Review: ARCANE – Stylistic Images in the Void

This is the review of the new Netflix series ARCANE, which is based on the video game LEAGUE OF LEGENDS.

Spoilers below. I discuss the shock surprise ending.

Let me discuss the good, the bad, and the ugly.


The good:

The art direction likewise combines a steampunk, grunge graffito, film noir, strobelight-mystic, art deco and Korean game styles masterfully. The art direction deserves an award.

The animation quality is topnotch, including visual effects I have not seen before, producing an unique look.

Fight scenes, chases, escapes, are animated with an alluring fluidity, while quiet scenes play with light and shadow, and a wondrous color palette to great effect. Scene of insanity are jagged, jarring, neon-bright, and disquieting.

The characterization and plot are likewise topnotch, displaying a true craftsmanship of story telling surprising given the limitations of the source material — it is based on a fighting game. The characters are fully realized and alive. The writing, on that level, is remarkable.

The worldbuilding is also sound and consistent, portraying a world of Victorian technology and high-energy alchemical black magic, bio-modification, nonhumans, and addictive body-altering pharmaceuticals that might have come from the laboratory of Dr. Jekyll.

The plot concerns the turmoil between a corrupt plutocracy, living in the daylight in soaring towers of ivory and gold, and the crime-riddled underground living in the canons and pits below. Two orphans, separated by tragedy, try to reunite, but one, driven into psychosis by self-inflicted trauma, is raised by the druglord who killed her foster father, and becomes a mob assassin.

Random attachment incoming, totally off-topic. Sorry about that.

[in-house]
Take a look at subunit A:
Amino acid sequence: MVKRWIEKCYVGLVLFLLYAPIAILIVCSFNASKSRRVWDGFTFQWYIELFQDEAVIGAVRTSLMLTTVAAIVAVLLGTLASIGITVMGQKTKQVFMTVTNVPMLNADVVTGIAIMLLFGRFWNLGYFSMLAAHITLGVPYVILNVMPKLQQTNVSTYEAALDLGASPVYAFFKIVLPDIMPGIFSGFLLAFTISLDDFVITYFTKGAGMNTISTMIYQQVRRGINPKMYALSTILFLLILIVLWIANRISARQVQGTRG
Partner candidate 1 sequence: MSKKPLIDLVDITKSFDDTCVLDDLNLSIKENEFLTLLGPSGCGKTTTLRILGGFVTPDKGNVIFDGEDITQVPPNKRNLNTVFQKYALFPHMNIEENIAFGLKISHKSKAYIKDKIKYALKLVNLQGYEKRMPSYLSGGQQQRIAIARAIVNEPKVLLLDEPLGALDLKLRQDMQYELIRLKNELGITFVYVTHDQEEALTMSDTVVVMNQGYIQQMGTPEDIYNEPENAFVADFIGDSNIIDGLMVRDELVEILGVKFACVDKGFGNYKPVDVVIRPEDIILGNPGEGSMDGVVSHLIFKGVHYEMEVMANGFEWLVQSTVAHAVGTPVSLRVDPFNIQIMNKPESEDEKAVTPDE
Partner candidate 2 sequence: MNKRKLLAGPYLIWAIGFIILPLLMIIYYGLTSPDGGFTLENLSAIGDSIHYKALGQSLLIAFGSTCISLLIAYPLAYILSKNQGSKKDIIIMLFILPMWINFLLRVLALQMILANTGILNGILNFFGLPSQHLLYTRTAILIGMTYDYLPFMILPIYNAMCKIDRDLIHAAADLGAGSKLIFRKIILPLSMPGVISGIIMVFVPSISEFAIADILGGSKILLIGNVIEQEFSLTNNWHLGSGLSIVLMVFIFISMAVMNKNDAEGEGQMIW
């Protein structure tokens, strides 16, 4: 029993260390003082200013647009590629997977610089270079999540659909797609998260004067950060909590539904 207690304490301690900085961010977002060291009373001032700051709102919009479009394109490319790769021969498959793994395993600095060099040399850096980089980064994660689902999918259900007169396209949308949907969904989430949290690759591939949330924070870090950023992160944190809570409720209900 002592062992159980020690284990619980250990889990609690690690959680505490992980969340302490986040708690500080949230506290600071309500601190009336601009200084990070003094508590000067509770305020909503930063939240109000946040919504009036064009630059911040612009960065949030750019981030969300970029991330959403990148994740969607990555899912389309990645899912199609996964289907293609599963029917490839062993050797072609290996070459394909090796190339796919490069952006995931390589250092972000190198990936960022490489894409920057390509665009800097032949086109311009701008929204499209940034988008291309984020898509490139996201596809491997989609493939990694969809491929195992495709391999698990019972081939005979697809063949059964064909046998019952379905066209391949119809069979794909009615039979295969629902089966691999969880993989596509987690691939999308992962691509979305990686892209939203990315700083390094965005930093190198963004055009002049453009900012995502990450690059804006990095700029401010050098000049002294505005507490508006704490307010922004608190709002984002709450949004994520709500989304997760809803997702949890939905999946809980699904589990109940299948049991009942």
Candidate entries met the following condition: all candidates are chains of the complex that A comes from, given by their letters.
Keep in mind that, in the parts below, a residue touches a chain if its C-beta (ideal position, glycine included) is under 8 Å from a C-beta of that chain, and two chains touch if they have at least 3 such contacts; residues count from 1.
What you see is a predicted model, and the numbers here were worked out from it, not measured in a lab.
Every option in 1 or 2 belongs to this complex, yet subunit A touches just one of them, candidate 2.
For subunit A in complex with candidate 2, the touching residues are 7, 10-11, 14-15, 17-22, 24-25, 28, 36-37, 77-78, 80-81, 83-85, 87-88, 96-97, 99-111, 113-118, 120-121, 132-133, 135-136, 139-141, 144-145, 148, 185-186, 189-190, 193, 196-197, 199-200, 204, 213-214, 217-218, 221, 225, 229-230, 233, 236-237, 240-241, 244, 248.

Meanwhile a crippled young man from the gutters, elevated by merit of his scientific genius, joins a young scion of privilege equally gifted, in the investigation of wedding magic to technology to benefit mankind, while sinister forces seek to use the work for war and oppression.

There are plots and counterplots, political betrayals among the elite council ruling the city, murderous betrayals among the crimelords and crooked cops of the underworld. Ideals are corrupted, then remembered, families are broken, unlikely friendships bloom, and lost loved one sought again. All is dark, desperate, gritty, grimdark, darkgrim, but with enough humanity and rare acts of kindness to confound expectations.

The bad:

The shock surprise ending is that all the major characters are killed for no particular reason in the last frame of the last show.

If the show is renewed for a second season, either all will escape by an unlikely and unsatisfactory deus ex machina or the minor characters of the first season will be elevated to leading roles.

If the show is not renewed, and this was meant to be the finale, then the show is a cheat, and your time is wasted by watching it. All the drama and intrigue lead up to exactly nothing, and all plotlines are cut off.

This is not a tragedy. A tragedy comes to a climax when the faults of the protagonist provoke events beyond his control, and a dire but inevitable vengeance descends from heaven to smite him, and the stark horror of where he has been lead by his ambition and pride, jealousy or indecisiveness (or whatever the sin might be) are revealed in all awful clarity.

This is not that. The psychotic girl was raised by a druglord who, coming to love her as a daughter, nobly refuses to betray her despite being offered his life’s ambition. Her long-lost sister, thought dead but actually confined in steampunk Alcatraz, returning to save her, hoping sisterly love will redeem all, causes the psychotic such confusion that she shoots the druglord, regrets it, and, in an act of madness and despair, blows up the ruling council.

The ruling council was in the act of voting to end an ongoing state of martial law, and to grant life, liberty and happiness to the undercity in an unexpected act of selfless nobility and charity toward the oppressed. Boom. All gone. Dead.

The young scientist struggling with the moral implications of his great invention: dead. The young cripple dabbling with unlawful dark magics to seek a cure for his fatal illness: dead. The cynical countessa, estranged from her military dictator mother, but trying to seduce the young scientist, at first for profit, but coming to love his ideals for their own sake: dead.